“This might be a record, but it’s not an official attempt,” he said. “If it were, we’d be in touch with the FAA in advance.”

Ho says because his company is the only one offering extreme high dives for civilians, it’s easy for pretty much anyone who does one to claim some kind of record.

“Whether we can go above 30,000 feet is based on the weather and whether the FAA allows us,” Ho said. “But even if we don’t get that high to break the overall record, she will probably qualify as the oldest woman.”

Charity and Awareness behind Women’s World Record Halo Jump Attempt.

Cynthia Ferrara of Aspen, CO, will be shooting to break the female world record (now just under 30,000 feet) for the highest altitude HALO (High Altitude, Low Open) skydive.

Goldsmith, who is also in the process of launching a new web-driven company, DramaticLash, said she is looking forward to the jump.

“I don’t have the slightest case of jitters. That may change,” she said, noting that some proceeds of her new company will assist women from war-torn countries help pursue their dreams.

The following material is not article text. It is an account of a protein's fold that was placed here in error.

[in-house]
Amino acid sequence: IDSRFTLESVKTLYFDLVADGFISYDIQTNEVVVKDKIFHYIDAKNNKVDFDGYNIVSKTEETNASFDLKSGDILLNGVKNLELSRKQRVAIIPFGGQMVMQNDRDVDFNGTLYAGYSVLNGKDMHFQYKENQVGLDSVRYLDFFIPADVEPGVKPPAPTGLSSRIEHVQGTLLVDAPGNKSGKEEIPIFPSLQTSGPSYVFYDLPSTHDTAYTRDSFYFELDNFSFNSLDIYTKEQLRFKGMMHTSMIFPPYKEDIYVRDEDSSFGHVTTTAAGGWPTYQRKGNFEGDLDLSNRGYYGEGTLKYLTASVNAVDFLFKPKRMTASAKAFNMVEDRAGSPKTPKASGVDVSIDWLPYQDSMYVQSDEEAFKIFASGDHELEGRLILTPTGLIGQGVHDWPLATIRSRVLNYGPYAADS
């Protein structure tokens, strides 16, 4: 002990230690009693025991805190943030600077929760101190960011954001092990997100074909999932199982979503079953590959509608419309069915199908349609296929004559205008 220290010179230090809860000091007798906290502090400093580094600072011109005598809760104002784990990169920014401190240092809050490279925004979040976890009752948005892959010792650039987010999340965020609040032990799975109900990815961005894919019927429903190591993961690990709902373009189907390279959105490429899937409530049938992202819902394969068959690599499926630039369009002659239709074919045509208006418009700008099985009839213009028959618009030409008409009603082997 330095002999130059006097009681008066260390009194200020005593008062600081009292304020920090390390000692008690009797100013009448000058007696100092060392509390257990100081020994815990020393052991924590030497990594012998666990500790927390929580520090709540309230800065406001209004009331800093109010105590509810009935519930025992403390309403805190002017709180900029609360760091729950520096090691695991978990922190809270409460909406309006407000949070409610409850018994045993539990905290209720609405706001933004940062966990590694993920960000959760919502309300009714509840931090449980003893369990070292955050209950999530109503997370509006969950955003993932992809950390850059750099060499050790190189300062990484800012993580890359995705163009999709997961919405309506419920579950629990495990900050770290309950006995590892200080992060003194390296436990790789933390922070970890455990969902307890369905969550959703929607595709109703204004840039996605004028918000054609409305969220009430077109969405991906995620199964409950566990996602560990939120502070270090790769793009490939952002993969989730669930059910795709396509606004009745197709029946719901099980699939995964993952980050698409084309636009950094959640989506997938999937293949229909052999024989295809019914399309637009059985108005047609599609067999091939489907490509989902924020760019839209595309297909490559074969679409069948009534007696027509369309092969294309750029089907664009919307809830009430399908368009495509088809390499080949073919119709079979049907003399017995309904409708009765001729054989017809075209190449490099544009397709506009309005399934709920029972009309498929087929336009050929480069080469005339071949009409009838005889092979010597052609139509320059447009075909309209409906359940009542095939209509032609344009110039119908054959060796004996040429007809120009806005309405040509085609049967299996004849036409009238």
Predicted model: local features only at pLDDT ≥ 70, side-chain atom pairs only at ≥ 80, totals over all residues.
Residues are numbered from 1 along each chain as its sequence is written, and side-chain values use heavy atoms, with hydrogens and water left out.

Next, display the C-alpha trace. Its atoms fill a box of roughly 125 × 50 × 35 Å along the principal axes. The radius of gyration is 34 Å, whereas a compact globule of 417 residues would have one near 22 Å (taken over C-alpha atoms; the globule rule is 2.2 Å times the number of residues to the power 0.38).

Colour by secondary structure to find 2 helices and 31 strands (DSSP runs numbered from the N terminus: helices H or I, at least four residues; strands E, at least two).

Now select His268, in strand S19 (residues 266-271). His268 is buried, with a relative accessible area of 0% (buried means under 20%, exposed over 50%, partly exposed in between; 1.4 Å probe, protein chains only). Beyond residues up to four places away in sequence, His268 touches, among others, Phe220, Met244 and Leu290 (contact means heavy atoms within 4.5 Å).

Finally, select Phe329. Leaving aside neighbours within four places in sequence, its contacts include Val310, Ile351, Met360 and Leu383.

The jumps begin at 8:00 AM. The drop zone is 40 miles east of Memphis in Whiteville at the West Tennessee Skydiving Center. Only 78 civilians have ever done this HALO dive arranged by the only company in the world doing this, HALOJumper. The temperature at 30,000 feet is about 25 degrees below zero, requiring that each Maverick wear a special suit and oxygen mask in the descent to preclude losing consciousness and getting “the bends.” Each Maverick will engage in a tandem skydive with an experienced jumpmaster, with training by ex-military jumpers. The ultimate free fall will be two-plus minutes (double any traditional skydive).

“HALO was originally designed during the 60′s as a military maneuver to insert troops behind enemy lines undetected.  There is only one company in world doing this for the public and we are happy to be part of this history-making event,” said Kevin Hollbrook, owner and Jumpmaster.